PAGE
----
Washington is one of nine states that have been selected for a new federal waiver program that was approved by President Obama in 2011, as part of the Child and Family Services Improvement and Innovation Act. In preparation of the wavier application and state reform on child welfare services in March 2012, Washington State signed the following bills into law; Senate Bill 6555- Family Assessment Response (FAR), House Bill 2536 Evidence Based Practices, House Bill 2264 Performance Based Contracting, and House Bill 2263 Reinvesting Savings.
The new program Family Assessment Response (FAR) offers alternatives to Child Protective Services (CPS) and promotes the focus to a family’s needs. CPS will determine and refer families to FAR, Investigative Response, or Screen out. Families with intakes screened in for low to moderate risk, minor physical abuse or neglect will be offered FAR. Families with intakes screened in for imminent harm, high risk serious physical abuse, sexual abuse or exploitation, serious high risk neglect and criminal situations will be assigned to the investigative response and court intervention.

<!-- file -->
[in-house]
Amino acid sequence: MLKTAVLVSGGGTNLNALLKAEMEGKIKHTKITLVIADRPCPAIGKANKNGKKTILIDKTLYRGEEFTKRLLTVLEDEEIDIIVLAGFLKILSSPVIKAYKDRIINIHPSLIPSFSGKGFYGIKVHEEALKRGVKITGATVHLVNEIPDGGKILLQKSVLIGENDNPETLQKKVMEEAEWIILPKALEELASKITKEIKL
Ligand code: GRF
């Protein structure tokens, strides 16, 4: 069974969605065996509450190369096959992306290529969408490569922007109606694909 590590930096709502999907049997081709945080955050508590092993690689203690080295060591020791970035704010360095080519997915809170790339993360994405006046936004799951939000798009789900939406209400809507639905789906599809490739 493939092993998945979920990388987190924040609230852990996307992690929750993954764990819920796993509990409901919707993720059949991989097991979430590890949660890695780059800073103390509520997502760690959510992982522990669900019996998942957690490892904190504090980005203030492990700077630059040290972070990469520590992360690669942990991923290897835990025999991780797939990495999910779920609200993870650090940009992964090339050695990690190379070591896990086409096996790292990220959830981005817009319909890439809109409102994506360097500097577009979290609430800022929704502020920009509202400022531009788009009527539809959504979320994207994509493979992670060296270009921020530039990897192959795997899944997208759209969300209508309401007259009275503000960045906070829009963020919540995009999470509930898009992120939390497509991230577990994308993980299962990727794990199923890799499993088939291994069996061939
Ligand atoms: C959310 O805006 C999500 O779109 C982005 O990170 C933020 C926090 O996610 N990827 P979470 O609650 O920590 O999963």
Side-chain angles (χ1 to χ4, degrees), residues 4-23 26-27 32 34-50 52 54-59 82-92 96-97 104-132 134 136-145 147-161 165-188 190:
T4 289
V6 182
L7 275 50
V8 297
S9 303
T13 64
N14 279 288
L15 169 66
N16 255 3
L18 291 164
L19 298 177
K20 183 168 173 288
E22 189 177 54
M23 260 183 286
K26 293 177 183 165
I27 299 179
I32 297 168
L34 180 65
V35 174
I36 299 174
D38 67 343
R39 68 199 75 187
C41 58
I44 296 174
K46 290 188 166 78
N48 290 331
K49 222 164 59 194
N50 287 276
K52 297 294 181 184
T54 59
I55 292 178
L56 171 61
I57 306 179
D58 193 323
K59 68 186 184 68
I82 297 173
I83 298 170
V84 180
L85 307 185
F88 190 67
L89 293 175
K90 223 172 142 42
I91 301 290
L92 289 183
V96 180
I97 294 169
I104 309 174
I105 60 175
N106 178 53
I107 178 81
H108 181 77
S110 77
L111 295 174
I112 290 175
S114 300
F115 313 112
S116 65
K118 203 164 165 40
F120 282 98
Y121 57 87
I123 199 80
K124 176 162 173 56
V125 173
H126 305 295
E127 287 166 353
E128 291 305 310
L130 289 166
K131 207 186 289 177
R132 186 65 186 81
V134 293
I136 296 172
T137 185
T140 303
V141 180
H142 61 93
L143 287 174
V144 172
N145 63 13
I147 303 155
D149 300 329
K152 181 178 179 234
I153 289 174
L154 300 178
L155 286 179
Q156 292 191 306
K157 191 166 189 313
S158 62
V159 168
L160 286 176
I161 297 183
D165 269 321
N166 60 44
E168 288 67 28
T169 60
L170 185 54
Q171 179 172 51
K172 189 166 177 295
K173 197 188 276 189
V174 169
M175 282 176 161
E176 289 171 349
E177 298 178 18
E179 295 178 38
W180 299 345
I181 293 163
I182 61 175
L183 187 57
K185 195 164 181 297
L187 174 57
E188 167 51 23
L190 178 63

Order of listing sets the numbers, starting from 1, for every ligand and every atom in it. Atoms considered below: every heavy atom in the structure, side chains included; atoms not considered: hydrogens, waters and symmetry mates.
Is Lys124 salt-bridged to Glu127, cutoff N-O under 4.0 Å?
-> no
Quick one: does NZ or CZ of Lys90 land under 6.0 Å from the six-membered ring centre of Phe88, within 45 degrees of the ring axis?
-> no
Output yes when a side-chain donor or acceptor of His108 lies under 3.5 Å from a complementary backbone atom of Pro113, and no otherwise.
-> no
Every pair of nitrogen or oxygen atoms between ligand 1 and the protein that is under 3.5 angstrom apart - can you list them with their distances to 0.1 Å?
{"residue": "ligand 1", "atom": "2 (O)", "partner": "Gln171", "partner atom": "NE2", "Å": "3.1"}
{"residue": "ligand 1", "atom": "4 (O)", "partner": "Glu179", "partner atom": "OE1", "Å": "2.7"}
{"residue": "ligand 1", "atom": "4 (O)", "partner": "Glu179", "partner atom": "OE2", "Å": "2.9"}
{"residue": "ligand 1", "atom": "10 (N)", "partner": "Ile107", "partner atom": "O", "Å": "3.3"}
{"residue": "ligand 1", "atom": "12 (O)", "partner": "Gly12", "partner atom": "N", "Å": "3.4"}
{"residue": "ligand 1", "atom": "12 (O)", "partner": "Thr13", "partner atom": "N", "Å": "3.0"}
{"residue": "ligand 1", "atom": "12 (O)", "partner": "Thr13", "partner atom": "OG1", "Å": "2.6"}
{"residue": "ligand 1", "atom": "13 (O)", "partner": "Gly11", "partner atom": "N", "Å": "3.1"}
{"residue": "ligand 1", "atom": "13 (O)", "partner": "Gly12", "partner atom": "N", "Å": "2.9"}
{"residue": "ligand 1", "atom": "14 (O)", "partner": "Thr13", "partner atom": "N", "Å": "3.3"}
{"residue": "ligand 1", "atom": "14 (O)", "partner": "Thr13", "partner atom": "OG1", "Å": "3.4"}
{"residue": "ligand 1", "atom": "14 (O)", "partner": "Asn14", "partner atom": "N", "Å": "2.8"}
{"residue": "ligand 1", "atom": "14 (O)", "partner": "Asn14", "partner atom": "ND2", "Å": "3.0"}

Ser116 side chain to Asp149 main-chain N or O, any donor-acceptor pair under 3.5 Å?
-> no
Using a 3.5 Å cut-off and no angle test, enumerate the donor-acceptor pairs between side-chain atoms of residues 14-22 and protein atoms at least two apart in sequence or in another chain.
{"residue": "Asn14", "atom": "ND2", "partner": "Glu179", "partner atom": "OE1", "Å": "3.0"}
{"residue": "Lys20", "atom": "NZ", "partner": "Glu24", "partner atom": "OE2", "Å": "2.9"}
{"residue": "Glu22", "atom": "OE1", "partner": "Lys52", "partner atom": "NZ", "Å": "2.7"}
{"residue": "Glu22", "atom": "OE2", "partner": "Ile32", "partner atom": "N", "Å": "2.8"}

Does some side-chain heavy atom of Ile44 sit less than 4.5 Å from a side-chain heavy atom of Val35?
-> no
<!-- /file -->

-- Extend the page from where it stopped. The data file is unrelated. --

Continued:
The federal waiver does not allocate additional funds to the state, however it allows the Department of Social and Health Services (DSHS) to obtain and make better use of federal public funds within the child welfare system for prevention and in home services. Currently, the federal government provides funding reimbursements for eligible children in out of home care. The waiver allows DSHS to evaluate families on individual basis and intervene with services that could help preserve families and keep children in their own homes. DSHS will be able to provide families with preventative and support services, with federal funding such as housing assistance. The Department can now obtain and use these funds to prevent out of home care, reentry into the foster care system and court intervention.
The goal of the FAR pathway is to assess the family’s strengths and needs, offer services to meet their needs and prevent future maltreatment. The FAR assessment is completed in collaboration with the family. Involvement with FAR will be voluntary. The FAR programs guidelines allow the Department 45 days -90 with an extension to connect the family to support services and community service providers. The success of the FAR pathway will require the community’s involvement and resources. Clark County rolled out Family Assessment Response in October 2014.